Considerations for first debt request in Latam

The 3 most important things to consider when raising your first debt raise in Latam

If you are a founder, CEO, CFO, COO of a Latam capital intensive company, check out my list of the three most important topics to consider when looking for debt. Just like understanding equity term sheets is of the utmost importance, these are equally fundamental to provide understanding to investors.

1. Advance Rates:

TLDR: You will need a substantial amount of equity.

Debt investors seek to minimize their risk and align their incentives with yours. They do this by ensuring that you put something valuable on the transaction along with their money, so you also have something to lose if things go south (whether intentionally or not). The lender wants to be on the same boat with you, so both parties have a shared interest in ensuring the boat stays afloat and reaches its destination. For every dollar you lend out, they expect you to put, say, 30% in equity. This means if things go wrong, you’re the first to bear the losses, as you’re in the primary position to lose your investment. Therefore, if you plan to grow your loan book by $10M, you’ll need at least $3M USD in equity to align incentives with the lender.

What should you take into account?

It’s crucial to understand how much capital your business needs. This will make conversations with the lender more comfortable and the thought process of arriving at that number will help you significantly. If your lender aims to minimize downside risk, they may decrease the advance rate to 60%, and you’ll need to put 40 cents per dollar or $4M instead of $3M for the same $10M new credits.

By having a solid understanding of the advance rates, you can align your incentives with the lender, build trust, and secure a favorable lending position.

2. Currency:

TLDR: Choose the lender that best suits your business.

  • Do they require a hedge? If your assets are in a different currency than the lenders, ensure you have a hedge strategy in place, and clarify who pays for it. Keep in mind that a forward can cost roughly 6-8% annually, depending on the country. If they quote you 10% plus hedge, your borrowing cost is 16-18% in local currency, excluding additional expenses such as fiduciary fees and other service providers.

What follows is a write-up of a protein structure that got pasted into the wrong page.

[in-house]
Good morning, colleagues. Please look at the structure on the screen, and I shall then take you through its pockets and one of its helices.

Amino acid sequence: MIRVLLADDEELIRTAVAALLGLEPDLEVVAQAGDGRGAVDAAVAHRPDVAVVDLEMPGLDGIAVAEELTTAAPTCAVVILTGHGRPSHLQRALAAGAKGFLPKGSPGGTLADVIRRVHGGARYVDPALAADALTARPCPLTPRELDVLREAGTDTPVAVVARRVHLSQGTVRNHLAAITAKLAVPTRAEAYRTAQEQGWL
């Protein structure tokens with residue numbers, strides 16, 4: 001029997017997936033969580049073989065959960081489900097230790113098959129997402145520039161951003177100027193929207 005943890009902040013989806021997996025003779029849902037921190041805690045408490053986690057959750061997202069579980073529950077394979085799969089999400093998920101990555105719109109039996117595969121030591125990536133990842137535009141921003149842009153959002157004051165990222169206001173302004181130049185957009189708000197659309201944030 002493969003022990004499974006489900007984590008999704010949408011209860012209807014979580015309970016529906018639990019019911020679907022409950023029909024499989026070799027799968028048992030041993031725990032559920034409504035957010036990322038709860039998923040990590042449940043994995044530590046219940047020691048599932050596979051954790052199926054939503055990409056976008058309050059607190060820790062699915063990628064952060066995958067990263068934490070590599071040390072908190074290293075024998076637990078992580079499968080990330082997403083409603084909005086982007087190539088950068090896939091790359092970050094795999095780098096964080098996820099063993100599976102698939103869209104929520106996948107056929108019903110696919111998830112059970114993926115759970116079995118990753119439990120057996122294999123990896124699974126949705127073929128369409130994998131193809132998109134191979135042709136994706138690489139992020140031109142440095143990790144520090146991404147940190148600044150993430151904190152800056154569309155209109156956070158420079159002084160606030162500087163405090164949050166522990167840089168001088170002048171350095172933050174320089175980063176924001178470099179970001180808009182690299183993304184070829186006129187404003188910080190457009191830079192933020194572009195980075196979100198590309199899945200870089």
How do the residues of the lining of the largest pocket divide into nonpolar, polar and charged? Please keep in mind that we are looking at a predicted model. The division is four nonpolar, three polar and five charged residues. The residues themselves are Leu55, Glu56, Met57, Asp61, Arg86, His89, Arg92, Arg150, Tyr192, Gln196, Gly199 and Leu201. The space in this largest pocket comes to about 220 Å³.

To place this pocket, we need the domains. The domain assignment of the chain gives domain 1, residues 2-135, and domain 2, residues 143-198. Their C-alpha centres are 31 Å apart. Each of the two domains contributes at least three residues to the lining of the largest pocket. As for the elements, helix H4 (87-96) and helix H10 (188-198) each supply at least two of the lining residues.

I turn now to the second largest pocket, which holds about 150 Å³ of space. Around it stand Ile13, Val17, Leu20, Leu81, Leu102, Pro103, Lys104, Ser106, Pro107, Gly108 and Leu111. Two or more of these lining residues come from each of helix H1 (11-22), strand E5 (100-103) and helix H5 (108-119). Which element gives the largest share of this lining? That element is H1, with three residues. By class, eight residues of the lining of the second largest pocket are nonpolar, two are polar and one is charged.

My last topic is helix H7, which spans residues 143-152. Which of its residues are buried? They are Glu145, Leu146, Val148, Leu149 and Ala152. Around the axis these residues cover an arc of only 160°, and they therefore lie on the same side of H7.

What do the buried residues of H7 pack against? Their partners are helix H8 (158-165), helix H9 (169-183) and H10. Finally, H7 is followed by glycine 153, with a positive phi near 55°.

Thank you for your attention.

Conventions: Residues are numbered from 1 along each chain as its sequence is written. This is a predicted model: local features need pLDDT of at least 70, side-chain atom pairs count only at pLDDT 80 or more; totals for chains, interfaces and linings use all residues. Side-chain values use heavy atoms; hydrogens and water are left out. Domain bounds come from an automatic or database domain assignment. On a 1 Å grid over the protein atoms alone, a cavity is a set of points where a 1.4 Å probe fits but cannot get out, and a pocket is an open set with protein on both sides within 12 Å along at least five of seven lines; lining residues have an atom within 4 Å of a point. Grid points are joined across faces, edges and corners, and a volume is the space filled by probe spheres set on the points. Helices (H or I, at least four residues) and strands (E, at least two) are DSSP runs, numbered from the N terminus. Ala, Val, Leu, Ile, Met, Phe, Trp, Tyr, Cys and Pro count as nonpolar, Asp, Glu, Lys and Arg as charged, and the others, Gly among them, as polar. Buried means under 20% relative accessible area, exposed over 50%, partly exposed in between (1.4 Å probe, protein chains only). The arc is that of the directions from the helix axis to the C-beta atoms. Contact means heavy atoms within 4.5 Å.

• Who is contracting the hedge? Start those conversations with the provider of the FX derivatives as early as possible. They need to understand your business before providing access to certain derivatives. Especially in emerging markets such as those in LatAm, derivatives providers are very risk averse and take a long time to provide access to new or startup companies.

By factoring in all costs and finding the currency that best suits your business, you can set your business up for the long run.

3. Structured Debt vs Venture Debt:

TLDR: Choose the type of debt that aligns with your business goals.

Venture debt is like a speedboat – it can get you to your destination quickly, but it’s also riskier and requires more skill to navigate. Structured debt, on the other hand, is like a cargo ship – it’s slower and less flashy, but it’s also more stable and able to weather rough waters. Both types of boats can get you where you need to go, but they have different trade-offs and are suited to different types of journeys.

I recently spoke with a founder who didn’t understand the difference between types of debt and only cared about the amount needed to raise. I’ll write a more detailed blog post on the trade-offs, but it’s important to understand how you envision your business growing since it impacts which type of debt you need.

If you’re looking to finance day-to-day operations and not a specific project or asset, corporate debt (also known as venture debt) is the most straightforward type of debt. Negotiations are faster since the lender looks at your balance sheet strength and lends against that. For most startups, the balance sheet is primarily cash, so venture debt lenders typically lend based on available cash.

Structured debt involves financing a specific capital intensive need, such as machinery for a new factory, or in the case of fintech startups, new loans to clients of new or existing products. Think of it this way: if what you need to finance is not straightforward, then the lender wants to “structure” around those risks to ensure the boat doesn’t sink. They want to have the most protections possible in case it does.

By understanding the different types of debt and their trade-offs, you can choose the one that best suits your business goals and secures a successful borrowing experience.

In short, raising debt in Latam requires careful consideration of advance rates, currency, and the type of debt itself. By understanding these factors, you can start to choose the right path for your company. Remember, the journey to success may require different types of boats, but with the right navigation, you can be as prepared to weather any storm.

By: Valentina Valencia

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Valentina Valencia

Founder & CEO











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